Tanning leather is an ancient and highly skilled activity involving many chemical processes --- a process humans have been doing world wide for tens of thousands of years.
But tanning leather by use of formal chemistry (man-made rather than naturally found chemicals) is only about 150 years old and was brand new to the Southern Hemisphere when Joseph Florey set out to make his fame and fortune in the backward colony of South Australia.
This new method was called "chrome leather" and consisted of tanning leather by means of various compounds of the metal chromium.
The traditional, natural way, was via using tannin from the bark of various hardwoods, together with urine,dung and brains of animals and humans, as well as involving a lot of expensive, capricious hand labour.
And a lot of time.
Joseph Florey was also a part owner of a new wattle plantation near Mount Cone in the interior of South Australia.
Wattles make an important variant of leather, suitable where chrome leather was too soft.
Till then, virtually treeless South Australia had to import its tannin at great cost.
Chrome leather, by contrast, was modern, fast, machine-oriented, capital oriented.
It was made without the use of foul-smelling human urine and excrement collected by little poor children on the street corners of the poor neighbourhoods .
The chemically active ingredients of those natural products had been learned and synthetically made equivalents were used instead.
This was Victorian Progress and Joseph Florey never let anyone forget it - it was the focus of his firm's static displays at the Exhibitions of Industry and Progress so beloved by the Victorian and Edwardian middle class.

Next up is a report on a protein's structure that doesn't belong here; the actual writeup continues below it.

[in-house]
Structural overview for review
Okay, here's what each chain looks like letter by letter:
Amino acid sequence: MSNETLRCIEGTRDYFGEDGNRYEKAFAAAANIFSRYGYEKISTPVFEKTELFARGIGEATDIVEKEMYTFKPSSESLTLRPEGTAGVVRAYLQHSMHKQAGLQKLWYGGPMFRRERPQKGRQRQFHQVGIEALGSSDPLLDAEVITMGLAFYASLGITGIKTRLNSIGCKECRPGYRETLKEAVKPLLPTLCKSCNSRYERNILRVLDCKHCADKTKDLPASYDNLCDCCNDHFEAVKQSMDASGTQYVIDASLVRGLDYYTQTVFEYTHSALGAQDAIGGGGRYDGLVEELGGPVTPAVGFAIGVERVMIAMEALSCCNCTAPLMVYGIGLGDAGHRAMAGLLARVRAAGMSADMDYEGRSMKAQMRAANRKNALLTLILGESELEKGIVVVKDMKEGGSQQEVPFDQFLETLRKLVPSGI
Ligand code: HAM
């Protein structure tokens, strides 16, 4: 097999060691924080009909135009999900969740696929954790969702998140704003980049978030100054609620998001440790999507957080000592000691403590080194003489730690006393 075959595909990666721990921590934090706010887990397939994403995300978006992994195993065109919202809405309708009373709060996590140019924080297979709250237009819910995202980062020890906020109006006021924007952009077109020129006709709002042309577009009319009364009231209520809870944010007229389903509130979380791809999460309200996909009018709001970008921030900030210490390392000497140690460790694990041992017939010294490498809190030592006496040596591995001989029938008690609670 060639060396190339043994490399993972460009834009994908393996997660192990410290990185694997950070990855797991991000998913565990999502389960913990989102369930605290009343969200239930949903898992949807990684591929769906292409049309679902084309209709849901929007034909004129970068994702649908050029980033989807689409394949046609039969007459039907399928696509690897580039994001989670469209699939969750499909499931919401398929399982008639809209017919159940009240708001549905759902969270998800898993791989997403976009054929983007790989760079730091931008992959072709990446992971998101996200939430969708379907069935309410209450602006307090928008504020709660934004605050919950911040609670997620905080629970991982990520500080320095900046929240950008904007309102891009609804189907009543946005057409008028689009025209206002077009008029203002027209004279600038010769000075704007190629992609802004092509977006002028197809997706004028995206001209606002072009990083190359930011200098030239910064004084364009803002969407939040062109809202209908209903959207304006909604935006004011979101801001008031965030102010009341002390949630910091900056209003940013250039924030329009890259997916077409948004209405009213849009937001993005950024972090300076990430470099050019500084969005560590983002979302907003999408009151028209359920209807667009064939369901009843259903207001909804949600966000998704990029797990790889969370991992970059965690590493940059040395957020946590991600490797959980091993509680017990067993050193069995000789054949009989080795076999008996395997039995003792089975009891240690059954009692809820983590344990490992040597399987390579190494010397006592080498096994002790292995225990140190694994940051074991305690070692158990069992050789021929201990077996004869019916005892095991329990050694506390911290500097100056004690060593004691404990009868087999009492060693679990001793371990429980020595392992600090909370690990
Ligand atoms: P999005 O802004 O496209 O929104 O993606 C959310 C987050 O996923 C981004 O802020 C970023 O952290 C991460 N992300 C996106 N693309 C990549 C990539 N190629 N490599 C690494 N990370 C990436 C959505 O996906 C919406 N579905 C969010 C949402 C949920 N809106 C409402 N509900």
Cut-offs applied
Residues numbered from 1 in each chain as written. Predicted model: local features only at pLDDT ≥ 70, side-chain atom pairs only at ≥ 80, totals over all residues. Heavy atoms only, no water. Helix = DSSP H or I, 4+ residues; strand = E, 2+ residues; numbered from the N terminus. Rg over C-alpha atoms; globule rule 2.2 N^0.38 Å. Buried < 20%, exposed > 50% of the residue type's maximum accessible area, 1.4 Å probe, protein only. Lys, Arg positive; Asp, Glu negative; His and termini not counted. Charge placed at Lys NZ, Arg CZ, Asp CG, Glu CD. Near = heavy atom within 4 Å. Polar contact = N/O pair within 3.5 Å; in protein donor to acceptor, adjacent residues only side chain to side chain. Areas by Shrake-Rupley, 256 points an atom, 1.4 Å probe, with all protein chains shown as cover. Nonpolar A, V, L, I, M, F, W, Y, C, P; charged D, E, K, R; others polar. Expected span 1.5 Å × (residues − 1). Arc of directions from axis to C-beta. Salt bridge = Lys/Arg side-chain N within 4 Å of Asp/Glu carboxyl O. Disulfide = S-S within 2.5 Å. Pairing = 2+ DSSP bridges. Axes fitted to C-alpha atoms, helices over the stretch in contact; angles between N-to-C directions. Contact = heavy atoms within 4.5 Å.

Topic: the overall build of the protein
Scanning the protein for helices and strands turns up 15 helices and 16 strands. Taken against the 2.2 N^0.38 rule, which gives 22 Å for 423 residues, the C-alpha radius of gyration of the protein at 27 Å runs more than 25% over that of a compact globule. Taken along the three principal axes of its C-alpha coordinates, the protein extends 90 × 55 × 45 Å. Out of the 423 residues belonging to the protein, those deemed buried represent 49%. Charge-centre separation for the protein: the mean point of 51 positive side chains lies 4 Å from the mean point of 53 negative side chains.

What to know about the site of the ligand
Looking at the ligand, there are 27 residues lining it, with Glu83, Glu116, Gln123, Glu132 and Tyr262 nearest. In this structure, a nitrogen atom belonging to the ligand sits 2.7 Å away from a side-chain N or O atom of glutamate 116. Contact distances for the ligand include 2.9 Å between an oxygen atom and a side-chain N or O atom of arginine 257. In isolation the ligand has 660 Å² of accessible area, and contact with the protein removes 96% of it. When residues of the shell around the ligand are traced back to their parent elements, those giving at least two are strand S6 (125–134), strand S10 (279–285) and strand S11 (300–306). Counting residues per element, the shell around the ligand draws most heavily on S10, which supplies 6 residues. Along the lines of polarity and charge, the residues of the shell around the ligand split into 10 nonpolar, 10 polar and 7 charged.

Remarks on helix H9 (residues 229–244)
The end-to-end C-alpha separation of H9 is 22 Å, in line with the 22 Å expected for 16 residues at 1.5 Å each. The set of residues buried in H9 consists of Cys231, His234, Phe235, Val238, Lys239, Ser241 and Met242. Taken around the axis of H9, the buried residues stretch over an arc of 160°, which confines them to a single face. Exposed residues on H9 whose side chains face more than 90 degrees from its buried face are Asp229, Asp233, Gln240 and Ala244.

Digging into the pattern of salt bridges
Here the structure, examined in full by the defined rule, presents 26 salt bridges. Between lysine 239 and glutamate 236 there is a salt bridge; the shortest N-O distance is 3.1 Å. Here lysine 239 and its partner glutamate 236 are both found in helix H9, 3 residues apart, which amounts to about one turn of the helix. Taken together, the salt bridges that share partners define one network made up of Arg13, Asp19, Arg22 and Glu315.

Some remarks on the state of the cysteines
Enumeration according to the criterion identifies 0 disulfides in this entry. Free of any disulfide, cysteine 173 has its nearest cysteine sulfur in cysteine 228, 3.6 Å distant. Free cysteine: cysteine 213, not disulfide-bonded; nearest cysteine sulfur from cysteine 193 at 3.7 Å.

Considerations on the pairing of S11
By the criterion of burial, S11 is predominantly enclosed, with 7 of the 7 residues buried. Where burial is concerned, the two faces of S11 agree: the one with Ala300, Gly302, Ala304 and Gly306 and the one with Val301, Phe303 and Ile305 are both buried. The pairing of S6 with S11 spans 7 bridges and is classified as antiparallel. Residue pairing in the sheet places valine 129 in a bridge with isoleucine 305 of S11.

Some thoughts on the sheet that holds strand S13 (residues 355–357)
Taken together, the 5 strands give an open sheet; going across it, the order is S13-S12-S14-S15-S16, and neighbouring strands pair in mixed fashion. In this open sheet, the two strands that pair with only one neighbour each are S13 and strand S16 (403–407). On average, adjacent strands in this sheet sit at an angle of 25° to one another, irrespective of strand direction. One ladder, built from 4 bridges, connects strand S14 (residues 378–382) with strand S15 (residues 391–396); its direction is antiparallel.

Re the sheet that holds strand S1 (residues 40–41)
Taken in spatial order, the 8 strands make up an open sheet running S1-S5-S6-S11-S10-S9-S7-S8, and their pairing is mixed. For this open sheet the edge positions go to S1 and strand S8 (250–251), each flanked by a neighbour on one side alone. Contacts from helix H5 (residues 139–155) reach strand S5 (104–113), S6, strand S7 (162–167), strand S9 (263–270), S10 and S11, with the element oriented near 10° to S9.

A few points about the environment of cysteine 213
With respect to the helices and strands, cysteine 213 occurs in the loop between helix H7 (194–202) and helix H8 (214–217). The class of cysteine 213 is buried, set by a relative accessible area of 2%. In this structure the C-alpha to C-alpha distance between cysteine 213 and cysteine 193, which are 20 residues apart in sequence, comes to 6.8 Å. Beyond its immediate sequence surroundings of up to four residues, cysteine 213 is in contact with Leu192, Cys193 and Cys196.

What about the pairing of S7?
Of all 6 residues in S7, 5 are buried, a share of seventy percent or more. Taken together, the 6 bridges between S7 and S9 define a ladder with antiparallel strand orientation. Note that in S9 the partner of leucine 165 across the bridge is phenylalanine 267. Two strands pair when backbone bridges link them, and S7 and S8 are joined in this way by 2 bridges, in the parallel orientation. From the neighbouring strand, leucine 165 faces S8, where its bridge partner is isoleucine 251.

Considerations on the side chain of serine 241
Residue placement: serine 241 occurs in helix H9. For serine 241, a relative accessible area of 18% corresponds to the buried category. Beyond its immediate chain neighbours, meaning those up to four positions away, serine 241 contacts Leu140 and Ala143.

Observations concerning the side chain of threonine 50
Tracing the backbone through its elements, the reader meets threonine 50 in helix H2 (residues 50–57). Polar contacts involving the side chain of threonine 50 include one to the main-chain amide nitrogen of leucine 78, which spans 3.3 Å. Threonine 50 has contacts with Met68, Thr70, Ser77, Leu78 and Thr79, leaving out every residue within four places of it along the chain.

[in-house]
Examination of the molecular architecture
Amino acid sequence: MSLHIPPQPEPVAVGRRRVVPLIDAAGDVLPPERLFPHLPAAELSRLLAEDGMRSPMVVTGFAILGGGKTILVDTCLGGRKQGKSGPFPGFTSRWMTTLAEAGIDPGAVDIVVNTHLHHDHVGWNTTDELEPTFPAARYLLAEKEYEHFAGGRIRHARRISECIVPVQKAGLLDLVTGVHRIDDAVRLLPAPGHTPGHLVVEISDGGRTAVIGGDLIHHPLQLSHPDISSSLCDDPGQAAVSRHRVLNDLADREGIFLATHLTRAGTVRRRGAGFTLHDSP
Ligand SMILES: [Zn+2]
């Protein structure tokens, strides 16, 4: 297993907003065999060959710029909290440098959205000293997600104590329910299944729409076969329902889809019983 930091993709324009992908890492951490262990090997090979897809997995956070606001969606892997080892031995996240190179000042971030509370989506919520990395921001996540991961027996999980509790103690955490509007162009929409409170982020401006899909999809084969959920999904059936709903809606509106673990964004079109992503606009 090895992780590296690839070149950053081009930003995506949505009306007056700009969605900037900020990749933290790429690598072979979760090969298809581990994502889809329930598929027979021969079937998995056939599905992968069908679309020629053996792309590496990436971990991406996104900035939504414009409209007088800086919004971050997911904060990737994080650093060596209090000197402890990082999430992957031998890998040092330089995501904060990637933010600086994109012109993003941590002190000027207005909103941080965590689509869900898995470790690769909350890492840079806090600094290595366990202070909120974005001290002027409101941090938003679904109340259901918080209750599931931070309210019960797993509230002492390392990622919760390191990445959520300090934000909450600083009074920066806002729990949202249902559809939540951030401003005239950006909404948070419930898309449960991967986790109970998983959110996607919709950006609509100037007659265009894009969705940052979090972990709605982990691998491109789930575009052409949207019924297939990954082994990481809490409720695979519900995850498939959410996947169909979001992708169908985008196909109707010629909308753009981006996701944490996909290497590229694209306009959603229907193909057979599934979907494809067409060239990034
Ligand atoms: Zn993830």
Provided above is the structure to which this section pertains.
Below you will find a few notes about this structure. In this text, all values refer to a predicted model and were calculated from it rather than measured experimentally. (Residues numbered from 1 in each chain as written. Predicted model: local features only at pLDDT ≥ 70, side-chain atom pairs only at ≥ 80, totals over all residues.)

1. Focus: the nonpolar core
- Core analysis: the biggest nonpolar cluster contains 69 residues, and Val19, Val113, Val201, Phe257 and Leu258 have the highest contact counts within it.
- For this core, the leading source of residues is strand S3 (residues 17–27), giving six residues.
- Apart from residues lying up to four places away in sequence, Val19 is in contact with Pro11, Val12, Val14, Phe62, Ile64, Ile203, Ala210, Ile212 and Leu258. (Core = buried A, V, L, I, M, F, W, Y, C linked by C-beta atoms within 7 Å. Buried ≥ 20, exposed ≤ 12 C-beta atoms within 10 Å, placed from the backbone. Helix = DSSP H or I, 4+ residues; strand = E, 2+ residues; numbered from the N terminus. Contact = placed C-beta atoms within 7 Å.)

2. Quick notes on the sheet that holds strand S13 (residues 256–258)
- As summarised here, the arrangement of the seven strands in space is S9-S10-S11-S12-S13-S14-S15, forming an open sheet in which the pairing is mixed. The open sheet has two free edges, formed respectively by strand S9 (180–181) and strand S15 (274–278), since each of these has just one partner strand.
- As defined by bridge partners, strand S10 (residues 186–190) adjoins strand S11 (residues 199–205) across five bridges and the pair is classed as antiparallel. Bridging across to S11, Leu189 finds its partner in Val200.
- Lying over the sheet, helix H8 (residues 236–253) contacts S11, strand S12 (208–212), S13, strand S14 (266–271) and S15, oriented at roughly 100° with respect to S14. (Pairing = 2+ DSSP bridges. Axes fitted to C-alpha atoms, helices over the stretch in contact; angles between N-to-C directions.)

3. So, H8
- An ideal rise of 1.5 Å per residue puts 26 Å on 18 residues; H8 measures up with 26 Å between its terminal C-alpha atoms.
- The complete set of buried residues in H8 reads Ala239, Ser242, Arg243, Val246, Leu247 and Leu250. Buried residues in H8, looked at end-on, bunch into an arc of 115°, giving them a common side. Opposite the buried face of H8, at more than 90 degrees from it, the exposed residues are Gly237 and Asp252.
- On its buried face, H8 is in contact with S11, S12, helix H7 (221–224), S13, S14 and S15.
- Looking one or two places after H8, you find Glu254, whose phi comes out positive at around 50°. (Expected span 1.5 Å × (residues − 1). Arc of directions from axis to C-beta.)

It was encompassed in his trade mark,Chromella, which he had secured throughout all of Australasia (sic). He repeatedly defended that trademark in expensive court cases.
Joseph Florey hadn't invented chrome leather but he acted as he had.
He successfully won via the courts , at least locally, the right to prevent any other competitor from using any trade name that hinted that their leather was produced by the 'chrome' method - though the patents on the original process had gone by then.
Chemistry - and a very competitive and ligatious nature - made the Florey fortune.
These were lessons learned well by Howard Florey and why he wanted to become a chemist - and why he was so highly competitive.
Ironically, chromium, a heavy metal, in those days and today gives many customers contact dermitious or worse -- it is banned in very young children's shoes.
And its waste products are far worse for the environment than urine and dung ever were.
So today a new progressive modified organic, natural, method called 'wet white' is replacing the Old School chrome, wet blue, method......
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